What is Stenography and Shorthand

Stenography and Shorthand

A stenographer is a person who records speech in shorthand and then types the same information. The demand for stenographers is high in both government and private enterprises, making stenography a desirable profession. In this article, we will discuss stenography and shorthand in detail.

What is Stenography?

What is Stenography and Shorthand

The Greek terms "Stenos," which means "narrow," and "Graphie," which means "writing," are the origin of the word stenography. To save time and get rid of the task, a language is written concisely to attain objectivity and clarity. It is additionally known as shorthand. It includes symbols and abbreviations for commonly used words and phrases, enabling stenographers to write as quickly as speakers. Stenographers are those who take down these symbols and acronyms. The stenographer writes on plain paper or a notebook with a stenographic pencil before typing, as necessary, on a computer or a typing machine. The main goal of shorthand and stenography is to capture spoken dictation or speech for concise, insightful, thorough, and focused communication. For the disposal of official correspondence and the preservation of records, stenography and stenographers are vital components of government departments, courts, private organizations, journalism, etc.

History of Stenography

In the fourth century BC, the Greeks were the first to use shorthand. In the 16th century, stenography began to take shape in Europe, where it has since grown further. As a pioneer of shorthand, Sir Isacc Pitman created the most well-known and widely used shorthand method, which is now used in fifteen different languages. The Pitman's System was translated and accepted by the Japanese in the late 19th century and has been used ever since. The American Graham System took the place of the Pitman System, but it is still widely used. Stenographers are taught the Pitman system (shorthand method) in Pakistan to handle official correspondence and work.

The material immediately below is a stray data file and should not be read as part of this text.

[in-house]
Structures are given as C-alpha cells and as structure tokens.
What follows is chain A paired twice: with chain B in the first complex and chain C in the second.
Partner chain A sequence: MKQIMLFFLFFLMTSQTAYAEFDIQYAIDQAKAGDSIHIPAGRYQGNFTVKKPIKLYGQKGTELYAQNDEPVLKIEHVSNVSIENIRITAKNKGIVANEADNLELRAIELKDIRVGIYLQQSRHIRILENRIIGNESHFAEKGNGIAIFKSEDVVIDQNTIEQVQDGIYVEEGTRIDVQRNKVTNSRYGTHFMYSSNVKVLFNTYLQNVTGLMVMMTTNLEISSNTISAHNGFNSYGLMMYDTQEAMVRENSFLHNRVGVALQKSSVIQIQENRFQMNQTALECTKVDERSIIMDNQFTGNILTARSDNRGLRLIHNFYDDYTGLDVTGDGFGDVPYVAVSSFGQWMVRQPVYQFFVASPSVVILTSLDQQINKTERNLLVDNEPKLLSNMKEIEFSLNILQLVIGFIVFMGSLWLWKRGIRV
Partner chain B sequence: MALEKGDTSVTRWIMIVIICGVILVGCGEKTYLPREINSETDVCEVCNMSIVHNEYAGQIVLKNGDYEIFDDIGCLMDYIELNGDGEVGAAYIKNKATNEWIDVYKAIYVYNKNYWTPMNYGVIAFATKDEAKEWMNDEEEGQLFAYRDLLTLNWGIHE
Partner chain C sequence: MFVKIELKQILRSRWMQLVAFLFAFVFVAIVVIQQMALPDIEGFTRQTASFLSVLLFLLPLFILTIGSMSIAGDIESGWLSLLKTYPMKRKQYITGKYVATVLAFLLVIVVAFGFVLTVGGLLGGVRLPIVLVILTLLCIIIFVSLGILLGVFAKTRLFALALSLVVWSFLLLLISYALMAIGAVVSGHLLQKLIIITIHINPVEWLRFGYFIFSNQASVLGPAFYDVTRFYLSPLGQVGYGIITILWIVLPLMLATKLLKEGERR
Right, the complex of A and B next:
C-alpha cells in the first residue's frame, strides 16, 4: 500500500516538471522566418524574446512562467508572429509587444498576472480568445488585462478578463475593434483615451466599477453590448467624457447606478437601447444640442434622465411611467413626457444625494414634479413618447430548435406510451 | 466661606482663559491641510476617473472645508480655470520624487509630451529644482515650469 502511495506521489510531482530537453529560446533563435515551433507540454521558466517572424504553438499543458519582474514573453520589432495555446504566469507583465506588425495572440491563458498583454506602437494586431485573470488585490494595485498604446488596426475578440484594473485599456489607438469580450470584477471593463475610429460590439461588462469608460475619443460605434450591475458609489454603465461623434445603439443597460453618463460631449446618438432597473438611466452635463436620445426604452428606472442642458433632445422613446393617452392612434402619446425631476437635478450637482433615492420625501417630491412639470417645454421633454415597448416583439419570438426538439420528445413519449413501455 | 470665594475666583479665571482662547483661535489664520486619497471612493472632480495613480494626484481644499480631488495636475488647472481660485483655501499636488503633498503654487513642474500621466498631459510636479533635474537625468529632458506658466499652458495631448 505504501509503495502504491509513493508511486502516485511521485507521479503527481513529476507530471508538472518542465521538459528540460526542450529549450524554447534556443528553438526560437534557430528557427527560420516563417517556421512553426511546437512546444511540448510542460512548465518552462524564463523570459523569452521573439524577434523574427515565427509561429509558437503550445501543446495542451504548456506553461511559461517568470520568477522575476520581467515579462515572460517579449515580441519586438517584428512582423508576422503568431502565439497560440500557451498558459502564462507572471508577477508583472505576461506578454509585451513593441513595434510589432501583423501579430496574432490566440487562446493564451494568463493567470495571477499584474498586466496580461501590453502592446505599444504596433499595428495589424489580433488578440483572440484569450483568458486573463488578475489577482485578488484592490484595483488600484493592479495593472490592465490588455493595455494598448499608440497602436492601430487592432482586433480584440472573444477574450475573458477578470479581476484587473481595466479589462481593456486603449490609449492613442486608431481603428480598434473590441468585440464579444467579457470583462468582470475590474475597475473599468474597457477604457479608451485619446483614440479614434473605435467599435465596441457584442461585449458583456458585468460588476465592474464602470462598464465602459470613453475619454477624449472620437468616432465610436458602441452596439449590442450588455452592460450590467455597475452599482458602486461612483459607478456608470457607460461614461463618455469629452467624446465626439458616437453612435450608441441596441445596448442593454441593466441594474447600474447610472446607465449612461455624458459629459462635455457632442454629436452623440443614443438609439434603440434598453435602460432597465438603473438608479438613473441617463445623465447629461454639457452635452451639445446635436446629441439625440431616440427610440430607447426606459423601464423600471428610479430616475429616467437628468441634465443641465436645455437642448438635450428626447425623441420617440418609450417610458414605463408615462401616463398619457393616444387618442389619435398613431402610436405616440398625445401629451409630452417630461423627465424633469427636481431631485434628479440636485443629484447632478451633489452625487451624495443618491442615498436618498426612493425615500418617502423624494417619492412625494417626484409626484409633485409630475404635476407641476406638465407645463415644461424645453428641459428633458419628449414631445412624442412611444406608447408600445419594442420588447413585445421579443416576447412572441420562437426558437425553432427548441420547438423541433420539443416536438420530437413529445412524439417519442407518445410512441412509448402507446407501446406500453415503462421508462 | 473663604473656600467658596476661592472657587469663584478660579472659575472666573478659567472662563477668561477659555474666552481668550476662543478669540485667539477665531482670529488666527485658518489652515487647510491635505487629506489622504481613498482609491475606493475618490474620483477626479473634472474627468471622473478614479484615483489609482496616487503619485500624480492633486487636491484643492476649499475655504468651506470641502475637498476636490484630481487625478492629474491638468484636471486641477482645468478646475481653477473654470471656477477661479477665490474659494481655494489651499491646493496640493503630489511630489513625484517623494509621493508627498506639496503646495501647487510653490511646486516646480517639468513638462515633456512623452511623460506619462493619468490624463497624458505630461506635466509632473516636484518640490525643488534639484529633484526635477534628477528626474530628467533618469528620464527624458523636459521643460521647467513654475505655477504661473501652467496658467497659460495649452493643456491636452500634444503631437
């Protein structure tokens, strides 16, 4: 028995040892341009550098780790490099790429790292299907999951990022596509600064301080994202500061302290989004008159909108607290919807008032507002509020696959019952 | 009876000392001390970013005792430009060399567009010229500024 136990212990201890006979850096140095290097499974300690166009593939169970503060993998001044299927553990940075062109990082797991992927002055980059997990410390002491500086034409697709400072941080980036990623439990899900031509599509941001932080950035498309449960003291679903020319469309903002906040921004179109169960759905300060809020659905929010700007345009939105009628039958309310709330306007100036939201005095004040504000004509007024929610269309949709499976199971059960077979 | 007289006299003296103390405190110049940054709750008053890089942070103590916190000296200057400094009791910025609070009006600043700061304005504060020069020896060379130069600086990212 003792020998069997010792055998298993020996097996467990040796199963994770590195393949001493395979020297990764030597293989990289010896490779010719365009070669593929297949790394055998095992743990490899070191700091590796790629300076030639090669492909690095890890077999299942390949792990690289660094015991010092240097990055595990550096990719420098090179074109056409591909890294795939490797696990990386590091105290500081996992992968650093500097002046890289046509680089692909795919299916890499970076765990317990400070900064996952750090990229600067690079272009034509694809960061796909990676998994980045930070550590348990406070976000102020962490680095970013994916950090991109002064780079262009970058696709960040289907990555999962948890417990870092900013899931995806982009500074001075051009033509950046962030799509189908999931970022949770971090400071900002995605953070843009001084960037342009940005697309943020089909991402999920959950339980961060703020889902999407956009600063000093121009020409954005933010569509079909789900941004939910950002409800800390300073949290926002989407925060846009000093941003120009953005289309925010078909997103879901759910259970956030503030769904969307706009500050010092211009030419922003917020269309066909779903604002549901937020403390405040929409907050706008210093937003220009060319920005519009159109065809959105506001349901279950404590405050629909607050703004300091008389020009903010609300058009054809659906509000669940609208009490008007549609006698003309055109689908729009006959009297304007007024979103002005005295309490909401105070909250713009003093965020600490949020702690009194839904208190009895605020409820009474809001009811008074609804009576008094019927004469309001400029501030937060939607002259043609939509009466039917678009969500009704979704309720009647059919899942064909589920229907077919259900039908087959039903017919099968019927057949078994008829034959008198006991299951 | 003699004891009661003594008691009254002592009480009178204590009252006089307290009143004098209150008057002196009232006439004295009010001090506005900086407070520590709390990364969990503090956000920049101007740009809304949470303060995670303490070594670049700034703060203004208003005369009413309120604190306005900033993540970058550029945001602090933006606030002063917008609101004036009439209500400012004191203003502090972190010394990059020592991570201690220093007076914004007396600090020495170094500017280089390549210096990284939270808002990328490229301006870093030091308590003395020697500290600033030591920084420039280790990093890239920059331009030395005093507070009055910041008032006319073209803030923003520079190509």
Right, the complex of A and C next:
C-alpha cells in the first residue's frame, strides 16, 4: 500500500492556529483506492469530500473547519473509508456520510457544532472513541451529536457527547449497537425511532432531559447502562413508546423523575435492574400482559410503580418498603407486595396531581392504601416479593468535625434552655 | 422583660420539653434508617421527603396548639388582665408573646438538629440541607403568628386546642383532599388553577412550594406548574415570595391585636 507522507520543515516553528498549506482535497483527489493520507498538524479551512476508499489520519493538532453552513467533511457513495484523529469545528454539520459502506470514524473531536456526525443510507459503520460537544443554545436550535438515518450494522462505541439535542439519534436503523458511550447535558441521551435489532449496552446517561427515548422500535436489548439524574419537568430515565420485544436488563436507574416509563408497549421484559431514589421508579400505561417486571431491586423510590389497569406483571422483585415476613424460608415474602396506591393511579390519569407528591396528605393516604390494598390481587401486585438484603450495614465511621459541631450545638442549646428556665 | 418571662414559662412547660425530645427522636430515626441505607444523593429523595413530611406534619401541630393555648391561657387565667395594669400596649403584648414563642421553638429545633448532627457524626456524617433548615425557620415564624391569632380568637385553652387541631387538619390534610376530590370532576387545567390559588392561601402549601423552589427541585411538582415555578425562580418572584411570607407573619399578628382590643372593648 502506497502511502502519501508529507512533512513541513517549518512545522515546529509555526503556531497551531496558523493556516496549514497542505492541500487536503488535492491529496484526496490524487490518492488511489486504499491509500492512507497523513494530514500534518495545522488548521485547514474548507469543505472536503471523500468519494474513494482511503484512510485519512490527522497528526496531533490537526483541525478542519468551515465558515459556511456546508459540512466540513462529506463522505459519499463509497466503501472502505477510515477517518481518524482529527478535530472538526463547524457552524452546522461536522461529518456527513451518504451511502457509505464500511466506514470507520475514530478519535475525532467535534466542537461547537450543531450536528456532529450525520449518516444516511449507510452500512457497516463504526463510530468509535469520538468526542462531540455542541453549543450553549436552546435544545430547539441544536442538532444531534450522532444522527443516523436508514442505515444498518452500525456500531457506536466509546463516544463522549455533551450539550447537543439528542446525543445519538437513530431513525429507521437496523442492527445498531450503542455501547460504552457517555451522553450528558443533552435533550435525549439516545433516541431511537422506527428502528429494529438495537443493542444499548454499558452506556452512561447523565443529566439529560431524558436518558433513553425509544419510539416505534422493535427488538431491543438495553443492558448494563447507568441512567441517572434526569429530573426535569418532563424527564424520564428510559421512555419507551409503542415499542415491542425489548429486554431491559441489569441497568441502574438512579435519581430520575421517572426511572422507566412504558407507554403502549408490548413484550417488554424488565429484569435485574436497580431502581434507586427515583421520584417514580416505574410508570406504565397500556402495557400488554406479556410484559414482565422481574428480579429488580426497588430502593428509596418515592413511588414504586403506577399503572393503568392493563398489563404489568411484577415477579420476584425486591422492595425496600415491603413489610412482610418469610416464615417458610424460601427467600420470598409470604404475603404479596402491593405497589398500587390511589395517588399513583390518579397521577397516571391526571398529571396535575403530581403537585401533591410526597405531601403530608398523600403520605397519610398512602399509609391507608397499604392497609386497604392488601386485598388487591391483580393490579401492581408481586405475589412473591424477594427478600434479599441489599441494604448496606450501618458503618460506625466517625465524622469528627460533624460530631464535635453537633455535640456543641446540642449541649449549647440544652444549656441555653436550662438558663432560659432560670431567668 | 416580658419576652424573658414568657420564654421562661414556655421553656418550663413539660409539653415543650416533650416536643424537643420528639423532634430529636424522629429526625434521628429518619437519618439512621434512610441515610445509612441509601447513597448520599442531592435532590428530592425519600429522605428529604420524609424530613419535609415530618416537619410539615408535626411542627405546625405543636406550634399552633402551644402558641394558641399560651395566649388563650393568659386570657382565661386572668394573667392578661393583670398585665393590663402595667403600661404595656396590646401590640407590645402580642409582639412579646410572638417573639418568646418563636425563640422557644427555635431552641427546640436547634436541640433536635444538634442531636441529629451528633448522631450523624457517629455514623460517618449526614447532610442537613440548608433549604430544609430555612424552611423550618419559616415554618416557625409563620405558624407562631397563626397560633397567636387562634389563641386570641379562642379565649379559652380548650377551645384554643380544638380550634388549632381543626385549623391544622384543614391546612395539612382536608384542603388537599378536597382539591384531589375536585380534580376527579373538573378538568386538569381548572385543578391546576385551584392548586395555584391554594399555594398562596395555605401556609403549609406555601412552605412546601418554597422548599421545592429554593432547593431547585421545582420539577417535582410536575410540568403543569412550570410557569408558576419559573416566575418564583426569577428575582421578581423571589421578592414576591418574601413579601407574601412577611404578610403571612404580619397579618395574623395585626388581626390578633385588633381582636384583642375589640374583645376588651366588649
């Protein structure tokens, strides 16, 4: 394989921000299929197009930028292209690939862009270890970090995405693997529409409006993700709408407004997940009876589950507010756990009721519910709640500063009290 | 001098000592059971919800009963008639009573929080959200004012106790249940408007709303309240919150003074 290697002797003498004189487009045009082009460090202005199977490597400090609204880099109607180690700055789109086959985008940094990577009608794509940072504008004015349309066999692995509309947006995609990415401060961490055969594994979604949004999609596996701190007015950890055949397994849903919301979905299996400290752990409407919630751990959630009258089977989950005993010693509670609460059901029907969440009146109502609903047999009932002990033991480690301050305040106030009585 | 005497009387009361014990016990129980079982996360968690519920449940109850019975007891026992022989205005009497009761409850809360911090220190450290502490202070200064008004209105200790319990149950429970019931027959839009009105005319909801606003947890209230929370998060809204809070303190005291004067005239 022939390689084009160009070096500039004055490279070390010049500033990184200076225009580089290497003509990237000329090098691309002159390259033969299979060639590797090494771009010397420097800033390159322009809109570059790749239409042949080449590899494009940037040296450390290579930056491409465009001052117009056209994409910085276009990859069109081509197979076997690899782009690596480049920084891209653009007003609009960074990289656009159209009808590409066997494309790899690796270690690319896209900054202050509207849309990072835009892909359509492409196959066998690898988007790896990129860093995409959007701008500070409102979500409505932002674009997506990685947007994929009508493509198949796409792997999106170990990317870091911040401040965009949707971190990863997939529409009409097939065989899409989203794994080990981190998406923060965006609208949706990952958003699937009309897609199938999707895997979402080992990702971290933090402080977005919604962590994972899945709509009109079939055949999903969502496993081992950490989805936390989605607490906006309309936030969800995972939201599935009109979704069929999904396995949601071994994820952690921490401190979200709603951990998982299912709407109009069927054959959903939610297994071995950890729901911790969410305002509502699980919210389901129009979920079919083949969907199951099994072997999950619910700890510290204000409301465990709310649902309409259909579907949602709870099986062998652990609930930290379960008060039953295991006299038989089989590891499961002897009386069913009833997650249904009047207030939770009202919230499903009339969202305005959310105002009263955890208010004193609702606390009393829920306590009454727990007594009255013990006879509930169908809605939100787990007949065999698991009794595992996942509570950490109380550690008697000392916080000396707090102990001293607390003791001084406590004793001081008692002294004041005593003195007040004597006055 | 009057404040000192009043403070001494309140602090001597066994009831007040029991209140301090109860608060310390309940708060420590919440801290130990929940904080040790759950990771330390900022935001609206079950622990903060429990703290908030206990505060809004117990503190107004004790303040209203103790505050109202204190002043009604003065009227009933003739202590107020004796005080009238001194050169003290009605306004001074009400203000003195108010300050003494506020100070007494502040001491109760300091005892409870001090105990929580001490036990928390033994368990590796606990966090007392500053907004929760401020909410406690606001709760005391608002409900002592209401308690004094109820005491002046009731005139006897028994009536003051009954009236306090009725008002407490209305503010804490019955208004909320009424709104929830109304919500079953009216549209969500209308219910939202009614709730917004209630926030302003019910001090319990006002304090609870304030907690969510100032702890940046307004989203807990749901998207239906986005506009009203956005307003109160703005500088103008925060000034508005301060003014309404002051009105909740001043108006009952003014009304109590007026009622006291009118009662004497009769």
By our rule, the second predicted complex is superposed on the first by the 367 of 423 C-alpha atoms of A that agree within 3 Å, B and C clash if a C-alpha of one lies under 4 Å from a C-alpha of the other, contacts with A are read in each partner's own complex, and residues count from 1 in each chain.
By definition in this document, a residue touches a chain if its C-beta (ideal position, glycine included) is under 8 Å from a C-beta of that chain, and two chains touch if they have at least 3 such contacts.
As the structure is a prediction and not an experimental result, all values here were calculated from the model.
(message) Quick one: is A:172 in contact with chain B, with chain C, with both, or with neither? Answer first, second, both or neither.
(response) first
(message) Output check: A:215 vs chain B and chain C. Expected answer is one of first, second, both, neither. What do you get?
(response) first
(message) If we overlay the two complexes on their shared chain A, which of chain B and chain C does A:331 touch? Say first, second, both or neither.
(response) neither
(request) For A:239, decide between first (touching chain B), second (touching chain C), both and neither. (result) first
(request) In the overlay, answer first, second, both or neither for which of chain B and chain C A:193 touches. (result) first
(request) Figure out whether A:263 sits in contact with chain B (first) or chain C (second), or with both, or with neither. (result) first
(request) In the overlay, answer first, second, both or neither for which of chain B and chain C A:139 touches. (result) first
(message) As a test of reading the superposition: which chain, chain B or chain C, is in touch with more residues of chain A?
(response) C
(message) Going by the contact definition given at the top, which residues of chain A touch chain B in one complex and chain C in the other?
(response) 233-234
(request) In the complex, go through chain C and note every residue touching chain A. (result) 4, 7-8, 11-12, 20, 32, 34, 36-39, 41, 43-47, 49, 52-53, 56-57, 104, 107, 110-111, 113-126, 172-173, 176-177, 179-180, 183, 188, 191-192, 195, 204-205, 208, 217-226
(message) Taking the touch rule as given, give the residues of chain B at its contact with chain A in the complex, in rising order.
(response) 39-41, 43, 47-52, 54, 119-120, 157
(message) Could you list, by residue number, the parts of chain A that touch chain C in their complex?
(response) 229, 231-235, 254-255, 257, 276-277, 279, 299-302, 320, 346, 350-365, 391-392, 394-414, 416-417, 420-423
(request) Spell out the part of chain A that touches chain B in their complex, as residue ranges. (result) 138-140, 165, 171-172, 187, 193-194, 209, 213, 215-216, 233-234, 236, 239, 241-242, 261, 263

Stenography Profession

Stenography requires technological expertise. It is a profession that both men and women can choose to pursue a successful career with the right care and dedication. Stenographers around the world have many options for career advancement.

What is shorthand?

What is Stenography and Shorthand

Isaac Pitman developed the shorthand system, which was originally published in 1837. In various editions, many improvements were implemented. It is safe to say that, in terms of comprehensiveness, no other system can match the current New Era Edition. We need to understand shorthand first. This system takes sound into account. We can state that the system of sound is shorthand.

Shorthand is used to represent the sound that you hear. For example, the shorthand sign for the word "General" with the first J sound is "(stroke)". While transcribing, "General" is written starting with G. Similar to how one word, "Rough," has “F" after the "R". Therefore, in shorthand, the strokes for R and F will be indicated. Whereas when transcribing in English, "Rough" will be written correctly rather than "Rof." Similar to this, the word "Cut" also has a T sound after a K. Therefore, when transcribing in English, "Cut" will be written instead of "Kut," while K and T will be denoted as strokes.

These illustrations show that in shorthand, sound is prioritized over spelling. For a better understanding, carefully review the following examples:

Go, Major, Psychology, Scale, Disposal, Cat, Birth, Debt, etc.

In the situations given above, the word "Debt" appears. Since 'B' is silent in this instance, it will be denoted in shorthand with the strokes D and T. While writing in English, the word "Debt" will be spelled out in its entirety. In the same way, the term "Birth" in the instances above has a similar-sounding English equivalent called "Berth," which means "car seat." The word "birth" or "berth" will be selected during transcription based on the phrase, however, due to their similar sounds, they will be typed the same in shorthand.

In conclusion, it is clear from the explanation of these examples that the entire shorthand system depends on sound. The shorthand will reflect the kind of sound that reaches our ears.

The shorthand system includes principles, vowels, and strokes.


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